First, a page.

The Associated Press: Vt. Board Approves Hospital Budgets
A Vermont board says budgets for Vermont’s 14 hospitals for the next fiscal year are not on a sustainable path. The Green Mountain Care Board said Tuesday that it approved budgets that will result in 5.1 percent increase in hospital net patient revenue for fiscal year 2013. The board had set a target increase of 3.75 percent (10/2).
HealthyCal: Orange County Clinics Pilot Patient Centered Care
Orange County has gotten an early start on health care reform with a pilot program testing a new approach to care for the low-income and uninsured in three clinics. The Coalition of Orange County Community Clinics (COCCC) is piloting a program for patient-centered care with UCI Family Health Center, Serve the People and The Vietnamese Community of Orange County’s Asian Health Center clinics. The initiative’s goal is for local safety-net providers and local health plans to partner together to coordinate care for their patients (Afrasiabi, 10/2).
The CT Mirror: Blumenthal, Advocates For Elderly Target ‘Chemical Restraint’ Abuse At Care Facilities
Calling it a form of chemical restraint, Sen. Richard Blumenthal and advocates for the elderly Tuesday blasted the practice of prescribing antipsychotic drugs for dementia patients in nursing homes and other long-term care facilities. “It is a form of elder abuse. It’s chemical restraint — no less pernicious and insidious than physical restraint of patients — and it should be stopped,” Blumenthal said. During a press conference at the Capitol, Blumenthal announced that he has introduced a bill to crack down on the overprescription of these off-label drugs (Merritt, 10/2).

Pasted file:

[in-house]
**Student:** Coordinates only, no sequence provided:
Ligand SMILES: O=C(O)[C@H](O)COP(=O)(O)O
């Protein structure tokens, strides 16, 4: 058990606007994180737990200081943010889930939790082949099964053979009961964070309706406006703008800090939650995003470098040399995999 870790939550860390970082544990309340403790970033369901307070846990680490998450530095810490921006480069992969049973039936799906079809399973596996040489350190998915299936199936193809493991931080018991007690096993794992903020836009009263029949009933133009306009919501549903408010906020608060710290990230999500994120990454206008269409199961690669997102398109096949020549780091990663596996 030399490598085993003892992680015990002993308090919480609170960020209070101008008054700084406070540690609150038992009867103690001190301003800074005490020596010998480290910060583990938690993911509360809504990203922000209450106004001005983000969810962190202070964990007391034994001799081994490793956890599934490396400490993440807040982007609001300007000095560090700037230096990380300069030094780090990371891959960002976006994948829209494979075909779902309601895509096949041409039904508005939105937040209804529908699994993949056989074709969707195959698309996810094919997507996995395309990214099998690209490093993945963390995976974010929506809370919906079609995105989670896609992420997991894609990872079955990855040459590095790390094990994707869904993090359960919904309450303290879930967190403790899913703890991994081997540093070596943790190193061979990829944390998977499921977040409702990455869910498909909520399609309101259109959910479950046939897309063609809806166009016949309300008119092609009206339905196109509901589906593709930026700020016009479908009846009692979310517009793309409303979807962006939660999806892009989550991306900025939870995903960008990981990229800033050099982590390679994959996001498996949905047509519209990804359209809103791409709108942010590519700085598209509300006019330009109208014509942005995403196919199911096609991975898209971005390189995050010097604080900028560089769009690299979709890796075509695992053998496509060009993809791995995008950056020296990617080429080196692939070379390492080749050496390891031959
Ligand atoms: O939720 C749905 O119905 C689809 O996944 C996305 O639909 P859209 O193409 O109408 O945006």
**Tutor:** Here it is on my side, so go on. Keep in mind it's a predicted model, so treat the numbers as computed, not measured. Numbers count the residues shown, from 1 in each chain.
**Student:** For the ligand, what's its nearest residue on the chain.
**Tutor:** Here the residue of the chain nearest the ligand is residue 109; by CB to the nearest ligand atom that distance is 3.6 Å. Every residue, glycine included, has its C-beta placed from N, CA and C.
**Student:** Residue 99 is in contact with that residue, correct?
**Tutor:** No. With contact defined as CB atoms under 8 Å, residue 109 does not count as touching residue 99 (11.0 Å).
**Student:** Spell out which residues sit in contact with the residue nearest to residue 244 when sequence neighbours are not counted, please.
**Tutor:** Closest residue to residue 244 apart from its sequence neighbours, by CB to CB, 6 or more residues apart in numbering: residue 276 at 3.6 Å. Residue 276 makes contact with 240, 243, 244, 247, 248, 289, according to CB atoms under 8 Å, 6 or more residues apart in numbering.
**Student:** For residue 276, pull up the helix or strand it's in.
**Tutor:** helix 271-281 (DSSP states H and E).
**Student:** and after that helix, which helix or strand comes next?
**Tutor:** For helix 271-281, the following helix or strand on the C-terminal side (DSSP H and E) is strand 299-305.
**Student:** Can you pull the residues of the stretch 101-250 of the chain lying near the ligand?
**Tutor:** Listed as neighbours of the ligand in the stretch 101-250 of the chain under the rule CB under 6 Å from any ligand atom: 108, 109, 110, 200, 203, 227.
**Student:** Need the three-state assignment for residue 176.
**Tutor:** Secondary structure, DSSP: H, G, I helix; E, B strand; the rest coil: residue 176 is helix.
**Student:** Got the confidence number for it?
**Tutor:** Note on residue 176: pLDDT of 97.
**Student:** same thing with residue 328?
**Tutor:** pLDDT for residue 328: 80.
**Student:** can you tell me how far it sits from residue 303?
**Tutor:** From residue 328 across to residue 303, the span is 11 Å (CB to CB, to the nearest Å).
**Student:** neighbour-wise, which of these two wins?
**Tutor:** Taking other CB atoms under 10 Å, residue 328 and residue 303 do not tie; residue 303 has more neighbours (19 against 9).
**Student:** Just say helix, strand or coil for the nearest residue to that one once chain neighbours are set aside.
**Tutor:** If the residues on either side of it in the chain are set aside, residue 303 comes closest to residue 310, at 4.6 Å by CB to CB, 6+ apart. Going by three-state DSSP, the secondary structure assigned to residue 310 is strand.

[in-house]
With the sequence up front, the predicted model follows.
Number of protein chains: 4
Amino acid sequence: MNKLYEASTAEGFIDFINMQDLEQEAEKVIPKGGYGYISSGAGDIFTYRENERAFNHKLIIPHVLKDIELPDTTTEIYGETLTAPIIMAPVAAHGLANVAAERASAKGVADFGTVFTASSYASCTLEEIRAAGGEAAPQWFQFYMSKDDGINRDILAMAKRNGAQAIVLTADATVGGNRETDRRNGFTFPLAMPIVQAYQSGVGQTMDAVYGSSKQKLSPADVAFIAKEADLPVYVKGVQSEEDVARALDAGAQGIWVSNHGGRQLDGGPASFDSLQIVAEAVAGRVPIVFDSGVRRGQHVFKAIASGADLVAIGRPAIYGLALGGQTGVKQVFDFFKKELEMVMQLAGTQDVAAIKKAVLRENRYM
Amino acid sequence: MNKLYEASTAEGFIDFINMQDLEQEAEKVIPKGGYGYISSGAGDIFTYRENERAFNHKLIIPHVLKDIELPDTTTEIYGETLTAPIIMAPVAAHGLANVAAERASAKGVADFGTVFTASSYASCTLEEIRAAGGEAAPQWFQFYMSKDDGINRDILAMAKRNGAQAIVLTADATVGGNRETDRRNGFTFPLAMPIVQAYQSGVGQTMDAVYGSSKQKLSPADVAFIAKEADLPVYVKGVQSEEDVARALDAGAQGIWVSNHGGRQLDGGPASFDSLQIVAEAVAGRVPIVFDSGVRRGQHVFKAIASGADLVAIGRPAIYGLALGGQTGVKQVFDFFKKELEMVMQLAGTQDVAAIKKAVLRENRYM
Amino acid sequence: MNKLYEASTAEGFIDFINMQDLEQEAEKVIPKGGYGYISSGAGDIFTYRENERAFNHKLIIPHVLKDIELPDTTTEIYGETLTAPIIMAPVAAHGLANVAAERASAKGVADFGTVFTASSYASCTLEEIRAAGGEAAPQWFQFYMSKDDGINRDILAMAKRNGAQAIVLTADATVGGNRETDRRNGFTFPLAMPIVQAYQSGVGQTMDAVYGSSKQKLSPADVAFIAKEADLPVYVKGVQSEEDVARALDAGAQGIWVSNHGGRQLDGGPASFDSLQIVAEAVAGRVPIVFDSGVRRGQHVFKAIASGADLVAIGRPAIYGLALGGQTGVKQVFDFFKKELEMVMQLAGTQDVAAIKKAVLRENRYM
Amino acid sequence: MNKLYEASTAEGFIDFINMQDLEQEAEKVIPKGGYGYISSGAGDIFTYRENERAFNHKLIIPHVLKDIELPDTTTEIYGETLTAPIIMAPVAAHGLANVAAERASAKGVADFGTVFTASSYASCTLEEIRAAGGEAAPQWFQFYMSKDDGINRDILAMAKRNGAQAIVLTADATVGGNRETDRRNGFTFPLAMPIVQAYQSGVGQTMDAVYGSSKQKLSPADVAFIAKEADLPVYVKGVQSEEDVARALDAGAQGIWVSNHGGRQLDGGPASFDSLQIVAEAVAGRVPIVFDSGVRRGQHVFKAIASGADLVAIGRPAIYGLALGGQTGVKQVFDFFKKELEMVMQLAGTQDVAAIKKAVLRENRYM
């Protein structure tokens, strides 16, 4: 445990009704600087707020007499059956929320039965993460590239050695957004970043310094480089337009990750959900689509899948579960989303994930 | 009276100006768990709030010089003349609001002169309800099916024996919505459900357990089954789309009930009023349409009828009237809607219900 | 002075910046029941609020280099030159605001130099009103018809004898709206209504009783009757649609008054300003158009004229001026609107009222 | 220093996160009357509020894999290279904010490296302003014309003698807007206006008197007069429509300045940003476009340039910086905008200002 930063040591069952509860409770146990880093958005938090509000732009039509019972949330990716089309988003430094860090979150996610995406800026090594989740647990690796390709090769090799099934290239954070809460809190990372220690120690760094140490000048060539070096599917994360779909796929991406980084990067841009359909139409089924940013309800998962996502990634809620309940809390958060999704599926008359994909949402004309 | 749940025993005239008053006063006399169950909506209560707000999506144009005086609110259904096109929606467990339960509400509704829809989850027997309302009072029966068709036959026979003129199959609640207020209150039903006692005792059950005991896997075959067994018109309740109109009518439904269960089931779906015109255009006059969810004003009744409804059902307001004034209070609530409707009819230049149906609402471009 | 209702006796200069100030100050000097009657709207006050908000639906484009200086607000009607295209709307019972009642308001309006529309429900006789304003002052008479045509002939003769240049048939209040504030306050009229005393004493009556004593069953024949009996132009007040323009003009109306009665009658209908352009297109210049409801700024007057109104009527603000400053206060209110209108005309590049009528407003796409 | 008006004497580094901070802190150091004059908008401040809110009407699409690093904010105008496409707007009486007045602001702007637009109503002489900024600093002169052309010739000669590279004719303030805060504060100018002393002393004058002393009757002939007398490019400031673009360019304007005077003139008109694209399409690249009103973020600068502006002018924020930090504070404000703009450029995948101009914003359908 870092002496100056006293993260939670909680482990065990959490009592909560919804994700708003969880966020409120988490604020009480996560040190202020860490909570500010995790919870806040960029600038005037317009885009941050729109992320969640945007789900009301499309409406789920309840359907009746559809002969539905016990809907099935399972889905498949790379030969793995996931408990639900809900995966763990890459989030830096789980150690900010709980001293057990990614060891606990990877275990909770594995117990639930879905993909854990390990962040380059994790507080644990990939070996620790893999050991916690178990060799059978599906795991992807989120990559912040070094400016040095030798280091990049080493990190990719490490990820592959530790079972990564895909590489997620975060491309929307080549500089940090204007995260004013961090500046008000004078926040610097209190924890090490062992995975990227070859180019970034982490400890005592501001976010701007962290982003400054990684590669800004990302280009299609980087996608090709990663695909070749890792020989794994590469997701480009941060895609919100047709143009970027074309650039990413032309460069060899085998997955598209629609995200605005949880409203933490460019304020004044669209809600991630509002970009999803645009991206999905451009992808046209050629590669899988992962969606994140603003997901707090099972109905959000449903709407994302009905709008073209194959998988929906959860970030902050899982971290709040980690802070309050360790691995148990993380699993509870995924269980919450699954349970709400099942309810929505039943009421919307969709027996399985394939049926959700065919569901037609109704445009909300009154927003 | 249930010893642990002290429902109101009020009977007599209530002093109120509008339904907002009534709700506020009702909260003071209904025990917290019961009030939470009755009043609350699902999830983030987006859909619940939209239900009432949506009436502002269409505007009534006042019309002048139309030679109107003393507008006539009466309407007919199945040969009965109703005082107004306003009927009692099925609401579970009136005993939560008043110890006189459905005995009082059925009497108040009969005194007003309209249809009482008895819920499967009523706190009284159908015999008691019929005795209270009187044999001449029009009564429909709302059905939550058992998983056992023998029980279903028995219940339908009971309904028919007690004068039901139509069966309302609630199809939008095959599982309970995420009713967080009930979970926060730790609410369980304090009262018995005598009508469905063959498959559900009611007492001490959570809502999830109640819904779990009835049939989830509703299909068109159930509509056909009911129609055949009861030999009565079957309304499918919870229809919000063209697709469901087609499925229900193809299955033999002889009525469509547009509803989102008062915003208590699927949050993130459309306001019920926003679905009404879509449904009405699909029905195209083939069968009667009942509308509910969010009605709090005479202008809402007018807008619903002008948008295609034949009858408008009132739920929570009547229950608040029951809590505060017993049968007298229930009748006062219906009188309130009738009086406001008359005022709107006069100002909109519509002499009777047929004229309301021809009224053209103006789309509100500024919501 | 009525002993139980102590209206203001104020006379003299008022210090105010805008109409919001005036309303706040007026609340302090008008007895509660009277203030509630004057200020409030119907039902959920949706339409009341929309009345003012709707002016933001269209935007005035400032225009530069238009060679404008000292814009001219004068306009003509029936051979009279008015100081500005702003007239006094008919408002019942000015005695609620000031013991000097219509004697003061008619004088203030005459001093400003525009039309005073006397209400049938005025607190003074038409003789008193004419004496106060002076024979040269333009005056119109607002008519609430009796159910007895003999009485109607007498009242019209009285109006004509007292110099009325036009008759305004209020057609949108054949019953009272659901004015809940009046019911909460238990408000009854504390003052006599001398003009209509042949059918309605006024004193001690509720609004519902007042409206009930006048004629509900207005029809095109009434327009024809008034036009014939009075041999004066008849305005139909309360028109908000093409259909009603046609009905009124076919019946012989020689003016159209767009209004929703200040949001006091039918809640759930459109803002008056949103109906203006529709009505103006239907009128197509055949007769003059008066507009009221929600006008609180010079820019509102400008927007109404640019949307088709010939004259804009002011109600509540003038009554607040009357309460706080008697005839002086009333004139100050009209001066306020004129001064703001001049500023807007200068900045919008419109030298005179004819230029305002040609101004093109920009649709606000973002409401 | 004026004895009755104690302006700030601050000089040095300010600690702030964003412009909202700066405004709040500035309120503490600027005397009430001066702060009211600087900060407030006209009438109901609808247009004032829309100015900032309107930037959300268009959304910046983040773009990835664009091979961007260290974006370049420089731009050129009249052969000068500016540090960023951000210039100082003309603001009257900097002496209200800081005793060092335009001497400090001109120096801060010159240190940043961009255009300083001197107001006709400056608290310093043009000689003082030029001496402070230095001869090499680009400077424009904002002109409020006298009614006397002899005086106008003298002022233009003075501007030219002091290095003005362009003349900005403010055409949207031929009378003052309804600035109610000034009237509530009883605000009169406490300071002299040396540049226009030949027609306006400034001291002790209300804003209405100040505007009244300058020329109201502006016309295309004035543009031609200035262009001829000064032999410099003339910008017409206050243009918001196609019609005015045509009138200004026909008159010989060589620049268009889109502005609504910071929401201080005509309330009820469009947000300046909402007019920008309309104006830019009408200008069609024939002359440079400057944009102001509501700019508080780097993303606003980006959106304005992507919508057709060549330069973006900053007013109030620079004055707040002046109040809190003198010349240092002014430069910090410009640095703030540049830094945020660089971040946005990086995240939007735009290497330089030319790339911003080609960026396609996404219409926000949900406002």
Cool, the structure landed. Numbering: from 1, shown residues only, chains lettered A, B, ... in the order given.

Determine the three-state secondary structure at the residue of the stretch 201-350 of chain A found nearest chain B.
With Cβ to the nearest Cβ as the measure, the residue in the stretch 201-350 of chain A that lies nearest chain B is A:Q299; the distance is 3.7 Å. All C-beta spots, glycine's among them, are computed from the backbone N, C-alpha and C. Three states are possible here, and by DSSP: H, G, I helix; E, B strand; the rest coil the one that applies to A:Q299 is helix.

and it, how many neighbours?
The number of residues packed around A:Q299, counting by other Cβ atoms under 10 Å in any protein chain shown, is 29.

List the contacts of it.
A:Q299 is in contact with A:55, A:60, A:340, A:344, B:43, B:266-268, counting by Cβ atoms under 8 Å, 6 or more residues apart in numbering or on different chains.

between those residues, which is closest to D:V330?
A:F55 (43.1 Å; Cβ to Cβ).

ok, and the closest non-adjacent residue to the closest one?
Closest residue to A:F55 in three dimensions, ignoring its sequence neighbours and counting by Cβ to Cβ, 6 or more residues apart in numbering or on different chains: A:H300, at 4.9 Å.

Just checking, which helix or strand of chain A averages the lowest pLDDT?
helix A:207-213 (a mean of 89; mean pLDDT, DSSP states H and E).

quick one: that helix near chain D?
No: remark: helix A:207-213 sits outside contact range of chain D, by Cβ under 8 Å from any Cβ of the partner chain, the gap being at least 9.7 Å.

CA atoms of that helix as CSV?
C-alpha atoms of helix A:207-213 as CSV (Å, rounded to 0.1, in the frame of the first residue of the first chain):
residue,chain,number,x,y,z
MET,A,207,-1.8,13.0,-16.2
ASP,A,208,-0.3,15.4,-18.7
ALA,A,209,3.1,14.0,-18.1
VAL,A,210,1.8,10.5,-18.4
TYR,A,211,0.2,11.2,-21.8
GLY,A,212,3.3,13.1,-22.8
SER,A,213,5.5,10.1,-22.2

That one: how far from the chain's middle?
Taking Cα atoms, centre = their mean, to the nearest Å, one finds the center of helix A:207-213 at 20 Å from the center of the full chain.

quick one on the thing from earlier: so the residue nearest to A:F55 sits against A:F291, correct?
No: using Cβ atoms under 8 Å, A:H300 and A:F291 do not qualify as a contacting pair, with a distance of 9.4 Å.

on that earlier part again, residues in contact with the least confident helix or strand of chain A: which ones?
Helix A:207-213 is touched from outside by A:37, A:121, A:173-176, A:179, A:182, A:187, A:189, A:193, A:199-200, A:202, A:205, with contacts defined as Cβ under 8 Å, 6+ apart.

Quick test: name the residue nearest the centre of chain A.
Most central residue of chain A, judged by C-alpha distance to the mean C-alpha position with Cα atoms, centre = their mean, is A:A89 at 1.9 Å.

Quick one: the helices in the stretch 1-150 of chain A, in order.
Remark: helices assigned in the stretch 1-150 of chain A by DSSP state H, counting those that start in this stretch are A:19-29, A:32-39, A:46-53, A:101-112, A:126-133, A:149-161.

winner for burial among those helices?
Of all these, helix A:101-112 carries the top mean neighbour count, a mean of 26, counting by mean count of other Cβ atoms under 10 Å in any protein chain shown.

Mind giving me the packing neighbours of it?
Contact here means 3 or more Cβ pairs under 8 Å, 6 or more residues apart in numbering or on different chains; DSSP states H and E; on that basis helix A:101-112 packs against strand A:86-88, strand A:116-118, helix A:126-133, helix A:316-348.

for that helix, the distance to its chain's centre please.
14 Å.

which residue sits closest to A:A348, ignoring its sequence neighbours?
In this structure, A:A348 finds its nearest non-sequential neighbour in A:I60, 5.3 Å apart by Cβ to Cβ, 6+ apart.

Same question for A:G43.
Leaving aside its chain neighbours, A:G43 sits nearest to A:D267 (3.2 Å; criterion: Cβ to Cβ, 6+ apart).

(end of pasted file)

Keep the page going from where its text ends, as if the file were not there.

California Healthline: Governor Nixes Long List Of Health Bills
Gov. Jerry Brown (D) vetoed a number of health care bills over the weekend. They ranged from a program designed to improve flu vaccinations among health care workers, to a proposal to define and promote patient-centered medical homes, to a regulation on hospital-nurse staffing ratios. The governor had a variety of reasons he gave for the different vetoes, but at least one of those explanations didn’t make much sense, according Assembly member Henry Perea (D-Fresno). Perea is the author of AB 1000, a measure designed to make oral chemotherapy more affordable and accessible for Californians. “While I support the author’s efforts to make oral chemotherapy treatments more affordable for the insured, this bill doesn’t distinguish between health plans and insurers who make these drugs available at a reasonable cost and those who do not,” Brown wrote in his veto message (Gorn, 10/2).
Los Angeles Times: LA Billionaire Teams With Insurer On Personalized Medicine
Los Angeles billionaire and health care entrepreneur Patrick Soon-Shiong reached an agreement with insurer Blue Shield of California aimed at accelerating medical breakthroughs to doctors and patients to improve care and reduce costs. Soon-Shiong, a former UCLA surgeon and drug-company executive, announced the deal Tuesday between his NantHealth company and Blue Shield, a nonprofit insurer with 3.3 million customers in California (Terhune, 10/2).